The BBC reports that Ben E. King, the R&B singer who founded the Drifters and who sang and co-wrote the ageless ballad “Stand By Me” has died. A publicist cites only “natural causes.” King was 76.
King was born Benjamin Earl Nelson in North Carolina. As a child, he moved to Harlem, where he joined a doo-wop group called the Five Crowns in 1958. When that group’s manager fired all of its members, they formed their own group, calling it the Drifters. King co-wrote “There Goes My Baby,” the Drifters’ first big hit, in 1959. He also sang lead on singles like “Save The Last Dance For Me” and “This Magic Moment.” But after a contract dispute, King left the group and went solo in 1960.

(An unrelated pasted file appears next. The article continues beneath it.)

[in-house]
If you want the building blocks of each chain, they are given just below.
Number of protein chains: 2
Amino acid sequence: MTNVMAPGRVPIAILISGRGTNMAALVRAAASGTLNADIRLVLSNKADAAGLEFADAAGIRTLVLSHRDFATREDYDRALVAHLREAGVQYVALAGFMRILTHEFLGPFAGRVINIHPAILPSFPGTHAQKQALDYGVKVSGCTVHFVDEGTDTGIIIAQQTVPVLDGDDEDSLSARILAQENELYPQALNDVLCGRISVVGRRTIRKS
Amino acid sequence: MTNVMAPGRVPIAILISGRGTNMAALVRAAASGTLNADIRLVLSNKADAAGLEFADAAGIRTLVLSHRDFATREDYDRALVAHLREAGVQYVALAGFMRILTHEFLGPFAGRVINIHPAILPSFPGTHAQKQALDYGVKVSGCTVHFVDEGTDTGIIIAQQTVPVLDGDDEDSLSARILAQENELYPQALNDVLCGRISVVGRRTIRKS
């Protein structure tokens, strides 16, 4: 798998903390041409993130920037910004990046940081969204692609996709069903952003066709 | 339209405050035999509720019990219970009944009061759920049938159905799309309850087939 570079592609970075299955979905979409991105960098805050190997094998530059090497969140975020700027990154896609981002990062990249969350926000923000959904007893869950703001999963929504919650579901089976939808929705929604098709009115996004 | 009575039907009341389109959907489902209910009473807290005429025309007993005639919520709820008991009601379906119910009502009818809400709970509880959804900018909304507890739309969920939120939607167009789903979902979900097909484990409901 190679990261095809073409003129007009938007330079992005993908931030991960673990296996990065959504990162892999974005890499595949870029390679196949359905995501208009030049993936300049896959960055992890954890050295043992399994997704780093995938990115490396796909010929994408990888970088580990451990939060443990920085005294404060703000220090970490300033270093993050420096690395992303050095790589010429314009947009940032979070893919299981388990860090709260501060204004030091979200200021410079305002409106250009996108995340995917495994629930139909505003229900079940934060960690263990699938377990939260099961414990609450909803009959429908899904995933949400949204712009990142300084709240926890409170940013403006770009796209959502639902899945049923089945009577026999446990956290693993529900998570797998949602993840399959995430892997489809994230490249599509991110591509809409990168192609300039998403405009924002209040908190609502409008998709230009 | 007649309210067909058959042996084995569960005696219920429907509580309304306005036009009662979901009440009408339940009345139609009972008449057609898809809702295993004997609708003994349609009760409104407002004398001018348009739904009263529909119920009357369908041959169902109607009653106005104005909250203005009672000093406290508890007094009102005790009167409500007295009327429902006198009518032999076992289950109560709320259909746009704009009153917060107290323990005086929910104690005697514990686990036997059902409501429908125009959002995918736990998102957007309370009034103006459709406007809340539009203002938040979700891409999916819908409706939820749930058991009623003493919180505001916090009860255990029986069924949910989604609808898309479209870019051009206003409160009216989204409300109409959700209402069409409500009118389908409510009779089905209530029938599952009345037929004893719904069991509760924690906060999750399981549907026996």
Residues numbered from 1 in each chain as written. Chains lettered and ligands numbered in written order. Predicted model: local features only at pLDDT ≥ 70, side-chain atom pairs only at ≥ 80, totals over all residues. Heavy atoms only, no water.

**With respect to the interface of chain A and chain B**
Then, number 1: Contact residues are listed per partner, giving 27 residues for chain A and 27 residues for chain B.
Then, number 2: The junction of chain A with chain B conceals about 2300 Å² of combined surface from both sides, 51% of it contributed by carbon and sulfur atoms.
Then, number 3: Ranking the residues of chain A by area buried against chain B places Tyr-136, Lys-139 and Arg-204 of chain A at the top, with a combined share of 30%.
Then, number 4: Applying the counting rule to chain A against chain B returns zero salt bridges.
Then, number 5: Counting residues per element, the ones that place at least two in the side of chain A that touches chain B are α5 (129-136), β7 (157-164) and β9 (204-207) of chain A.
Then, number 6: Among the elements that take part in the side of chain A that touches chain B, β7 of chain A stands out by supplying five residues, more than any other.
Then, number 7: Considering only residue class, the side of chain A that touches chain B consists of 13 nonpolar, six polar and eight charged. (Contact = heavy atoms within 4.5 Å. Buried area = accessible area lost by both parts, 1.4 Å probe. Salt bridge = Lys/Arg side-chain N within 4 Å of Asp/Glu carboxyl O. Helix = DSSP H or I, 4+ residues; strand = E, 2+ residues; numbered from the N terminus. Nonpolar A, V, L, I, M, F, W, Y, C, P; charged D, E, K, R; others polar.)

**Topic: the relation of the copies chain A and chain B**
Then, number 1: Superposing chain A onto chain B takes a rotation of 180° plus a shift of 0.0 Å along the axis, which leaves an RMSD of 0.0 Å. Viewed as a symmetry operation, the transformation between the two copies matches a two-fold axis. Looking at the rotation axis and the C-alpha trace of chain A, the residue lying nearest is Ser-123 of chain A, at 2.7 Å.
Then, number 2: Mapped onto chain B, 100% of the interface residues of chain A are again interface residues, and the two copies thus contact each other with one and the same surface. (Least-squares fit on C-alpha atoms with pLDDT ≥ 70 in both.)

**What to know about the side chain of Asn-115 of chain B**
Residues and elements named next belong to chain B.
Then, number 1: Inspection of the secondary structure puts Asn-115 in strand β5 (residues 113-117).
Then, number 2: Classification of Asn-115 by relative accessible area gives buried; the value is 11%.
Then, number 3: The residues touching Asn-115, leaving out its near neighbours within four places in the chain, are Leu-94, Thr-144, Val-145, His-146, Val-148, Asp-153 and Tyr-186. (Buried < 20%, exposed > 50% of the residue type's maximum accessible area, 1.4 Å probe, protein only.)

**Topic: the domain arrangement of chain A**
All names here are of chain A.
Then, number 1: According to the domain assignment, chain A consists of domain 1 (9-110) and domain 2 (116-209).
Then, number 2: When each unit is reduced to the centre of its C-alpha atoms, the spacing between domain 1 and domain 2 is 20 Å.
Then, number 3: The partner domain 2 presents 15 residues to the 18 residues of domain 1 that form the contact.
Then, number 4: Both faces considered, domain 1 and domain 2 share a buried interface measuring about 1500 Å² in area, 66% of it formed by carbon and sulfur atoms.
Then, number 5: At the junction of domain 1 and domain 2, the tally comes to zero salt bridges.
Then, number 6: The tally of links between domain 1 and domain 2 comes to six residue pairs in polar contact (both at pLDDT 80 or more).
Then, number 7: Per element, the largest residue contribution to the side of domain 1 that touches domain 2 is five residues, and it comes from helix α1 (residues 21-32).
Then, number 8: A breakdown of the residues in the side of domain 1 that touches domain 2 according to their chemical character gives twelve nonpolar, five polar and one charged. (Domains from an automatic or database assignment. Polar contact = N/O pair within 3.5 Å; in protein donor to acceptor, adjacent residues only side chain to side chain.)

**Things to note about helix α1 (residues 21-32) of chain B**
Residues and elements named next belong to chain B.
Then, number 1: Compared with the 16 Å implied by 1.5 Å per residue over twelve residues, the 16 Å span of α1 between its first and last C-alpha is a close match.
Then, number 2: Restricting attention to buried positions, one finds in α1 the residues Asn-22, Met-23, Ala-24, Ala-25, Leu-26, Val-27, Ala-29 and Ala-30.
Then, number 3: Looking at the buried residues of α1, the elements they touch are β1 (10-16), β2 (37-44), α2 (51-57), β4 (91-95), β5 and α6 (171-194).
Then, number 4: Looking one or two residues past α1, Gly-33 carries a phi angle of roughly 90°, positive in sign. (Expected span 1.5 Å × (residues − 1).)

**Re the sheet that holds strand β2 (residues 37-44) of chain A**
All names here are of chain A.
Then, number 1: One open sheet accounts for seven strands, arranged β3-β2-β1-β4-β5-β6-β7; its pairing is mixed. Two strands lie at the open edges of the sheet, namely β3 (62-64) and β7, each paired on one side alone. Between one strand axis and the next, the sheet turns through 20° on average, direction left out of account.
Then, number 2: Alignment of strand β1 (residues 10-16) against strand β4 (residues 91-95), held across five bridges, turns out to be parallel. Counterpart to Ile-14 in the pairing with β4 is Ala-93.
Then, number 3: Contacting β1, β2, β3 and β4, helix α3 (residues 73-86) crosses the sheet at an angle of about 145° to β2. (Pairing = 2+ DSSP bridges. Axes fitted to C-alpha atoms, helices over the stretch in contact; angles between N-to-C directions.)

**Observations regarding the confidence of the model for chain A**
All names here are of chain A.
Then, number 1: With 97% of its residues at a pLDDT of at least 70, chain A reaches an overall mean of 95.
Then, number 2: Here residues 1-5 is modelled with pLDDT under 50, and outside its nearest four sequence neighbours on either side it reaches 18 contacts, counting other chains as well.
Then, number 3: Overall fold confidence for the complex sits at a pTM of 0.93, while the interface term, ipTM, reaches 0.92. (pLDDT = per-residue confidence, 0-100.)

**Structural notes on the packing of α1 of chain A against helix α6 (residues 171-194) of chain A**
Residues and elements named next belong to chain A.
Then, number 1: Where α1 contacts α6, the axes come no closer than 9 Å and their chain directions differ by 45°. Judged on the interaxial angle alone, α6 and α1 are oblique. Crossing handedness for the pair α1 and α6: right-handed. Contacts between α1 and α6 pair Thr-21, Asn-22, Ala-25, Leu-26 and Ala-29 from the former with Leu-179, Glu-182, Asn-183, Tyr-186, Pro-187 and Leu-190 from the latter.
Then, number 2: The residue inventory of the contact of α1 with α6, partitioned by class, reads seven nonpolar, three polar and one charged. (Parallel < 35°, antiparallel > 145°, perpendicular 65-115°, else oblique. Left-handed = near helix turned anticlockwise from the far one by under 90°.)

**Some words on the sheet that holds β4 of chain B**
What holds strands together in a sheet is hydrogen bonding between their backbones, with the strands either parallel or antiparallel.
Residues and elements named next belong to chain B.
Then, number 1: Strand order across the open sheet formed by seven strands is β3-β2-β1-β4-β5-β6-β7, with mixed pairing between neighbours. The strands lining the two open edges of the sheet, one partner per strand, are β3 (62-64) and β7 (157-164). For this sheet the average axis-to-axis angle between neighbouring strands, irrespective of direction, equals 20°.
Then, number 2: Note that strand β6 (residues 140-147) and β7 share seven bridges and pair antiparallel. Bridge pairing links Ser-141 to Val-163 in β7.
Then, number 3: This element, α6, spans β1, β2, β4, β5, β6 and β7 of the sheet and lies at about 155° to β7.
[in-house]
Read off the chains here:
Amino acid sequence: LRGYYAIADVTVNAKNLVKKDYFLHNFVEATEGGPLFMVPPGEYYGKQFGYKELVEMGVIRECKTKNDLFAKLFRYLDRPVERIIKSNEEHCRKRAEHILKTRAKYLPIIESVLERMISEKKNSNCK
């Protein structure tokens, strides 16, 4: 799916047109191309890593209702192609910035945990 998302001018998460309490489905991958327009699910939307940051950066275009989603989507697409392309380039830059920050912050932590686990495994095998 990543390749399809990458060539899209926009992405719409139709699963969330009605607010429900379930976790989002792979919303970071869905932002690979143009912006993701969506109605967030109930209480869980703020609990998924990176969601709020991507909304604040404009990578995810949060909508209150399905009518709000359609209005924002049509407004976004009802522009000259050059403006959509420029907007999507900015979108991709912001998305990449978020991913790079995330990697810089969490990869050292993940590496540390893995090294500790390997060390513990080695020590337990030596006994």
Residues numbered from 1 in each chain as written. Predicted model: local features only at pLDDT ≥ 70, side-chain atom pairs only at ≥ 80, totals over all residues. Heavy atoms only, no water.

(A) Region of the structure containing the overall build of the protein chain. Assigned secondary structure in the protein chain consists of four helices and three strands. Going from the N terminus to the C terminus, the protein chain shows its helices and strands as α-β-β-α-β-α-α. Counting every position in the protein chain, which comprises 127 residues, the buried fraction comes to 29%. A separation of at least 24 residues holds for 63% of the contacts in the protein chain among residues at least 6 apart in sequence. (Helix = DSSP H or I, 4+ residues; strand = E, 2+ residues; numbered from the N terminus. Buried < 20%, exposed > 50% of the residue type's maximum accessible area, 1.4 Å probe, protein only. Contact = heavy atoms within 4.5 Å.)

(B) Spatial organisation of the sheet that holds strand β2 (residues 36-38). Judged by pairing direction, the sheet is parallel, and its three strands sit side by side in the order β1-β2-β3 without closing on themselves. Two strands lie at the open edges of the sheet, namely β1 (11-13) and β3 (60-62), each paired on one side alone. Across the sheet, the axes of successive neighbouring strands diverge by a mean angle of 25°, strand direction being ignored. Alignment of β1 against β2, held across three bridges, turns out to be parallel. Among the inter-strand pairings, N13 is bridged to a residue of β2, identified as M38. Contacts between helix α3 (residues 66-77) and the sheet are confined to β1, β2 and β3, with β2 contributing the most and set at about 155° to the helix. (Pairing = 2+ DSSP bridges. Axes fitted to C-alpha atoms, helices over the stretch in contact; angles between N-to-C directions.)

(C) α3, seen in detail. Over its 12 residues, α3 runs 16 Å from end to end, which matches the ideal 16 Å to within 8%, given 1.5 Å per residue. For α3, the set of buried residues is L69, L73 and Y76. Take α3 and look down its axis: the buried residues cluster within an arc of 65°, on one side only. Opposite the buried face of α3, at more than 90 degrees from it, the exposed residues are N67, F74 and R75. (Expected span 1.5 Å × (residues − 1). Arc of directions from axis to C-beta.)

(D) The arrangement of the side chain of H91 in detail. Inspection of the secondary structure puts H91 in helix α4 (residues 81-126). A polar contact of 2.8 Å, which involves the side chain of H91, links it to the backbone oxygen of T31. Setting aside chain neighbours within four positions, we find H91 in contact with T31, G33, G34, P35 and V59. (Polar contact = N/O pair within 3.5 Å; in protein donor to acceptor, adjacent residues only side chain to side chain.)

King’s first solo single, 1961’s “Spanish Harlem,” was a hit. He followed it up with “Stand By Me,” a song he co-wrote with Jerry Leiber and Mike Stoller that stands as one of those beautiful, deathless songs that everyone knows and everyone loves. The song made it into Billboard’s top five in 1961, and it did the same thing in 1986, after it appeared in the movie of the same name. King continued to make crossover hits like “Amor” and “I (Who Have Nothing)” for the next few years, and he was a mainstay on R&B radio into the mid-’70s. He continued to perform and record for decades, making televised appearances with acts as disparate as Def Leppard and Prince Royce. Below, watch some videos of him singing.